“She is a tough cookie, a bit like Hilary Clinton”

Sal Johnson’s piece goes into much depth about the current LPGA kerfuffle.  Of interest to many will be a nice recap of Bivens’ track record to date, a rough and tumble timeline to say the least that has left “Brand Lady,” as blogger and former SI writer Geoff Shackelford derisively labels her, with very few friends.

One thing we learned early about Bivens was that she isn’t very “golfsavoy” and it’s been a big learning curve for her to not only learn about the LPGA but learn how to deal with the people that run golf tournaments and players needs. Bivens doesn’t have the great personality that her three previous predecessors had, dealing with people has been an uncomfortable act and frankly she doesn’t have many friends especially in the media.

Bivens hasn’t spent the time in trying to erase these deficiency and her total approach tends to give negative vibes instead of instilling confidence in people. Some examples of this, in her first six months on the job she tried to strong arm media companies in the fact that they had to give away their rights to images and stories. Instead of trying to meet with the people in control, explain how the LPGA needed more control of their images worldwide, she put into effect rules and regulations that media companies felt would harm them and take away a lot of their control. Bivens lost that battle and at the same time didn’t make many friends in the media.

Bivens also has tried to strong arm the folks that owned LPGA events into paying higher rights fees. Instead of really taking the time and massaging those folks, Bivens just told them that for the good of the LPGA they needed to pay up or risk losing their event. On the surface the LPGA got more money as tournaments paid up but in the back rooms those that were forced to pay weren’t very happy in the tactics.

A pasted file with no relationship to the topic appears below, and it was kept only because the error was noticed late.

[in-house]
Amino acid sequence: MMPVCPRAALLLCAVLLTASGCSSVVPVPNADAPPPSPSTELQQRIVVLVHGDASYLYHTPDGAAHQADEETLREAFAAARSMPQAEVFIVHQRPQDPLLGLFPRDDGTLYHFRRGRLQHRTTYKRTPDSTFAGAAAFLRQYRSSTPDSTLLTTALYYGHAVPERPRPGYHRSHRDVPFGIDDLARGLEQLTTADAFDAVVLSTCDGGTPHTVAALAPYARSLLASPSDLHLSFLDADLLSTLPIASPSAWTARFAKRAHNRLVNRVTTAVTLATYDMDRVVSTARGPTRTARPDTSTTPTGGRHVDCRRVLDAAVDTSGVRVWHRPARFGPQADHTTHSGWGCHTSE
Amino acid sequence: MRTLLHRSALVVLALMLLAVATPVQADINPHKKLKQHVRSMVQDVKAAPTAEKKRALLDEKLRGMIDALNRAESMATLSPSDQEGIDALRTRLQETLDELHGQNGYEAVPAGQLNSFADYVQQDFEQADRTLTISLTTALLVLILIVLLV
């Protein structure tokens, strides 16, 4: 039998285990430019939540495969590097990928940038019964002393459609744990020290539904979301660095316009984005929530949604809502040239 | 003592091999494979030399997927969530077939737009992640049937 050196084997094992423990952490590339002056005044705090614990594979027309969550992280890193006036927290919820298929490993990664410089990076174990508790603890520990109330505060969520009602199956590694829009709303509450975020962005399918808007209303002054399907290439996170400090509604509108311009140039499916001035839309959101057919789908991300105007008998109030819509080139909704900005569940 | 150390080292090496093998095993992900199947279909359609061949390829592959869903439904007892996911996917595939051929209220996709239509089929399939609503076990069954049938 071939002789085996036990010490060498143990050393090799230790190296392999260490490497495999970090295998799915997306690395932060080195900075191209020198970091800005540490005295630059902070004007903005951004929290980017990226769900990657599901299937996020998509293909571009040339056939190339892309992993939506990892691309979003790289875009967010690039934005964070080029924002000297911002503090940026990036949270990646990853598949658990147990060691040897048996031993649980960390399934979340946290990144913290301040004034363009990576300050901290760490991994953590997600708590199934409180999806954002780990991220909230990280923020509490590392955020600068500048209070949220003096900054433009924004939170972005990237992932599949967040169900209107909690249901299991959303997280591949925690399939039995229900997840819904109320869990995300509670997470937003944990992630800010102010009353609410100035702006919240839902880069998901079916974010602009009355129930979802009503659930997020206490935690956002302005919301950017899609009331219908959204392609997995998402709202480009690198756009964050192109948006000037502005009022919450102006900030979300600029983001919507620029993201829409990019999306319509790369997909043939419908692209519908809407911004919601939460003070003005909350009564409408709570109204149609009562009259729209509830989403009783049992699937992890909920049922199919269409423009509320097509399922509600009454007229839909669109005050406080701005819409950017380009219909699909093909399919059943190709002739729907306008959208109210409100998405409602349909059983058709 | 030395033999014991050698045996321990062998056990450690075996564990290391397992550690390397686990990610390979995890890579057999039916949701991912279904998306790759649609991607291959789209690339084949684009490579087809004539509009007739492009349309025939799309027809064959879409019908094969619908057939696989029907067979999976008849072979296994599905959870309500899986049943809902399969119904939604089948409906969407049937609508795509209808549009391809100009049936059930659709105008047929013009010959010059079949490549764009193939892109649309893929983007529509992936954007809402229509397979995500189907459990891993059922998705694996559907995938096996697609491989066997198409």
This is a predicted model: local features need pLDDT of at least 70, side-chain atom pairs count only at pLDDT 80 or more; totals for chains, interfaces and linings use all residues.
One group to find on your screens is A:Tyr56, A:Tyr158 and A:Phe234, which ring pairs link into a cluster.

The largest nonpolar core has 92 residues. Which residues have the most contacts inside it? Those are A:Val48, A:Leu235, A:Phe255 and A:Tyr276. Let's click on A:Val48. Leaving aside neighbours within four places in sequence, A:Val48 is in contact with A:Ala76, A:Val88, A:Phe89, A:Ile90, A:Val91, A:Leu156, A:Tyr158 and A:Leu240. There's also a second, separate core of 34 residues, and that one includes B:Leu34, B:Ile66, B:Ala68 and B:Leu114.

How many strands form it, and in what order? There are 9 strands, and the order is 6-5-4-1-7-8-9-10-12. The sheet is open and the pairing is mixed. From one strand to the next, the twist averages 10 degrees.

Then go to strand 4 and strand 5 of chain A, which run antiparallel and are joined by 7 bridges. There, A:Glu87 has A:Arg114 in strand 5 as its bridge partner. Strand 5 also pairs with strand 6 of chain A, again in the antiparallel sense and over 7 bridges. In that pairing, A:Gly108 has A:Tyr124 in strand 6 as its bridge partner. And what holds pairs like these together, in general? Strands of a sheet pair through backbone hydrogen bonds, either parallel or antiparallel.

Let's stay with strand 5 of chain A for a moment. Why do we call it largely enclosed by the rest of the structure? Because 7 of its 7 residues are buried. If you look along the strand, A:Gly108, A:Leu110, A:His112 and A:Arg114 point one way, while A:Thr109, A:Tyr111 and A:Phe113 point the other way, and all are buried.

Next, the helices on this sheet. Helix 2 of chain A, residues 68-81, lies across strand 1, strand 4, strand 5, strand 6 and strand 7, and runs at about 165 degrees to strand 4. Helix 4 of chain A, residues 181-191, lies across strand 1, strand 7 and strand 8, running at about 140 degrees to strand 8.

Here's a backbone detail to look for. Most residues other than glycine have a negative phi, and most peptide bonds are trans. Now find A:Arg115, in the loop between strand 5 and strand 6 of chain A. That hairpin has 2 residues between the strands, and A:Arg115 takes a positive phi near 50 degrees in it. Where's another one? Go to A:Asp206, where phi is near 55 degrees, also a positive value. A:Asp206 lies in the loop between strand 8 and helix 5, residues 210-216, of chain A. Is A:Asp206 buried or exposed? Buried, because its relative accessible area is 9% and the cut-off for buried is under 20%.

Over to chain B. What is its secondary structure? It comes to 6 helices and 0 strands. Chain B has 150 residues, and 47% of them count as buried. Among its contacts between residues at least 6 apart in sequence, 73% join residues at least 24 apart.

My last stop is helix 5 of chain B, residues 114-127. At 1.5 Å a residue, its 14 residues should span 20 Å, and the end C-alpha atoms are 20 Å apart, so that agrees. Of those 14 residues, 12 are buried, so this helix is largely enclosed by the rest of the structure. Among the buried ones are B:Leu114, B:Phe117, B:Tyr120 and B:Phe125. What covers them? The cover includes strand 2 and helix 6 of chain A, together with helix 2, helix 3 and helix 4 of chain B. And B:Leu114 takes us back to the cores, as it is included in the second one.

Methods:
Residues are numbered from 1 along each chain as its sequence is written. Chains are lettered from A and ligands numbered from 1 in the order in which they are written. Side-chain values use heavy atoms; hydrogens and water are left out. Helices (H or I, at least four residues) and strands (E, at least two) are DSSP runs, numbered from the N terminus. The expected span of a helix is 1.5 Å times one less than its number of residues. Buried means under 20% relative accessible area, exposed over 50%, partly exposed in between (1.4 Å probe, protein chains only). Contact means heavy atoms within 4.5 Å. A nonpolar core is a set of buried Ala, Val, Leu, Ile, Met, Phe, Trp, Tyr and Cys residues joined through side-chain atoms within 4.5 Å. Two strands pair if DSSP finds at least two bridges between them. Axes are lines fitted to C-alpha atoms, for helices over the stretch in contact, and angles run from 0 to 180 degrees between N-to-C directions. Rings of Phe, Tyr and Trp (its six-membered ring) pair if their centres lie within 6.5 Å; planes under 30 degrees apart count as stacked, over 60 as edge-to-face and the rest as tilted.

Another example of Bivens not handling things very well is her dealings with television executives in trying to attract more money. Right now the only entity that pays the LPGA for rights fees is Korea and Japan. The LPGA doesn’t control the U.S. Women’s Open and part of the Ricoh Women’s British Open. The events that they control are mostly on ESPN and Golf Channel, with some events on NBC and CBS. All these events are time buys, the LPGA pays the network a fee for the time plus expenses in covering the events and the LPGA get reimbursed through selling the time. Bivens has been headstrong and told her players that she will be looking to secure rights fees for LPGA television properties in 2010.

In getting this going it’s been rumored that she has shunned both ESPN and Golf Channel to the point that they may not want to deal with her, again Biven’s rough personality not winning many friends. It’s also rumored that she is working on a deal with NBC and CBS for about 11 events, but it doesn’t look like she will get a rights fee for this and is trying to get some fancy financial deals in place, going to the tournament owners and sponsors for the money in order to try and coax NBC and CBS into a deal. The jury is still out on these dealings but could blow up to the fact that to coax ESPN and Golf Channel back Bivens would have to sweeten the pot shall we say.

Lastly Bivens seems to have a problem getting sponsors to pony up in a very rough economy. Yes this has always been a problem for the LPGA but it seems worst now. Already sponsors have left, the Ginn Tribute, Fields Open, Safeway International are gone for 2009. The sponsors of the SemGroup Championshhip filed for Chapter 11 so it looks like that sponsor and even could be gone.

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